Xi’an is an Important City in China. Here are the opening lines from the Wikipedia entry:
“One of the oldest cities in China, with more than 6,000 years of history, the city was known as Chang’an before the Ming dynasty. Xi’an is one of the Four Great Ancient Capitals of China, having held the position under several of the most important dynasties in Chinese history, including Zhou, Qin, Han, Sui, and Tang. Xi’an is the starting point of the Silk Road and home to the Terracotta Army of Emperor Qin Shi Huang.”
Most of you have heard of it because it’s where thousands of terra cotta soldiers were buried with the China’s first emperor in 300 BCE, that guy Qin. I’m including just a few pictures of the chalky soldiers that greeted us with stony expressions, since you can get all you need with a search here.
But Xi’an is much more than these dusty relics of a past megalomaniac’s vain vision. In nearby Yan’an live a people who have dwelled for millennia in caves carved out of mountains – and still live in them – although the family we visited also had a house in front of their cave. The mom (pictured below on a nifty tractor) preferred to live in the cave while her daughter-in-law and grandchildren preferred to live in the house. Her son was away working in a coastal city, and her husband passed away. They make their money showing off their home to our tour agency, as well as growing and selling persimmons. ALSO featured below.
Xi’an is also known for it’s culture, and so we saw a wonderful show featuring music, dance and theater of the Tang Period at the – surprise! – Tang Palace Theater. This is something I really wanted to see. I know it’s touristy, but I like music and theater and wanted to see traditional forms of it. Not just the ubiquitous K-Pop like genres. This was a dinner theater, retail price about $70 per person, although I’m sure our tour agency got a smoking’ hot deal. The food was dim sum, which was tasty. However, the highlight of the evening (aside from the show) was our grumpy, sullen server who went to no lengths at all to hide her displeasure at, we never found out. She looked on our table with dripping disdain, and it became a Thing for us to see how grumpy she would get. No tip for her!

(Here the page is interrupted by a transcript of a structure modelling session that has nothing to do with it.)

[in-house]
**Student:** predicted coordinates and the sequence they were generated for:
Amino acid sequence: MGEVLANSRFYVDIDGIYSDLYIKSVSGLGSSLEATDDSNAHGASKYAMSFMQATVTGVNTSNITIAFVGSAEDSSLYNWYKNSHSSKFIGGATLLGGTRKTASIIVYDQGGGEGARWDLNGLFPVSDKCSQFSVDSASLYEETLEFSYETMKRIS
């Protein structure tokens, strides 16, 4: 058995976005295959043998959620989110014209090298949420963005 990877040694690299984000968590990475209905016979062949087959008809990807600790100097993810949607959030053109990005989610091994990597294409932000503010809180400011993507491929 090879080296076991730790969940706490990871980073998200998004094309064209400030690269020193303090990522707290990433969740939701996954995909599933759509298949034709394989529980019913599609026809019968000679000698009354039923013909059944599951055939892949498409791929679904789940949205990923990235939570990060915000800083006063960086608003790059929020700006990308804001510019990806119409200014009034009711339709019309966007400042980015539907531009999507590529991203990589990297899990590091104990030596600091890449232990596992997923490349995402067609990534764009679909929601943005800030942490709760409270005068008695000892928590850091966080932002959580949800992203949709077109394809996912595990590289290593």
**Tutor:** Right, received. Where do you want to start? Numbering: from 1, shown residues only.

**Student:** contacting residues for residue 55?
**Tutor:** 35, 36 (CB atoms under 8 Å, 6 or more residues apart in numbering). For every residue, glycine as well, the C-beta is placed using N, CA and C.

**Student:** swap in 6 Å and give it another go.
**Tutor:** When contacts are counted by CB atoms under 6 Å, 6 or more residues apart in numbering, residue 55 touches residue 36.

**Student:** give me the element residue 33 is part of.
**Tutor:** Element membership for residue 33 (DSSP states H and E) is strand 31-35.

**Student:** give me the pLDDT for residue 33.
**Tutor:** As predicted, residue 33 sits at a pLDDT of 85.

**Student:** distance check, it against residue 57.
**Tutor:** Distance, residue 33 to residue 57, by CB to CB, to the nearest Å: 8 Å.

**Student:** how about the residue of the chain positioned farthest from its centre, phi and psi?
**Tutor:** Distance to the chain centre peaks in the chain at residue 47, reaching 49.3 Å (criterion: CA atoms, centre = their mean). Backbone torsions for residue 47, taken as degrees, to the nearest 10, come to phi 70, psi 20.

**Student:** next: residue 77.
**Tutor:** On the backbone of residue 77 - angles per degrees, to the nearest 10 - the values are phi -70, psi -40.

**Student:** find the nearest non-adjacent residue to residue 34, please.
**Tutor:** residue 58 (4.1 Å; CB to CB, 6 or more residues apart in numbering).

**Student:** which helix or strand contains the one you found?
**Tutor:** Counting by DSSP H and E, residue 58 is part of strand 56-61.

Our penultimate stop in Xi’an was the Great Wild Goose Pagoda, originally built in 652 to house the original Buddhist texts and statues that Xuanzang (remember him? Devout, spoke softly, but could whip your butt and take your money in chess.) brought with him from India.
Pictures of Pagoda – forthcoming!
Our final stop in Xi’an was the Muslim Street, where the oldest mosque in China hid amidst the warren of tiny alleys, streets and walkways, filled with every conceivable product or food. I bought a pair of fake Beat headphones for $3. Score! And there were lots of these knock offs around. Walking through this section of town was intense – sometimes dark, continually noisy with yells, honking and sizzling from the grills. I loved it!
Pictures of Muslim Street – forthcoming!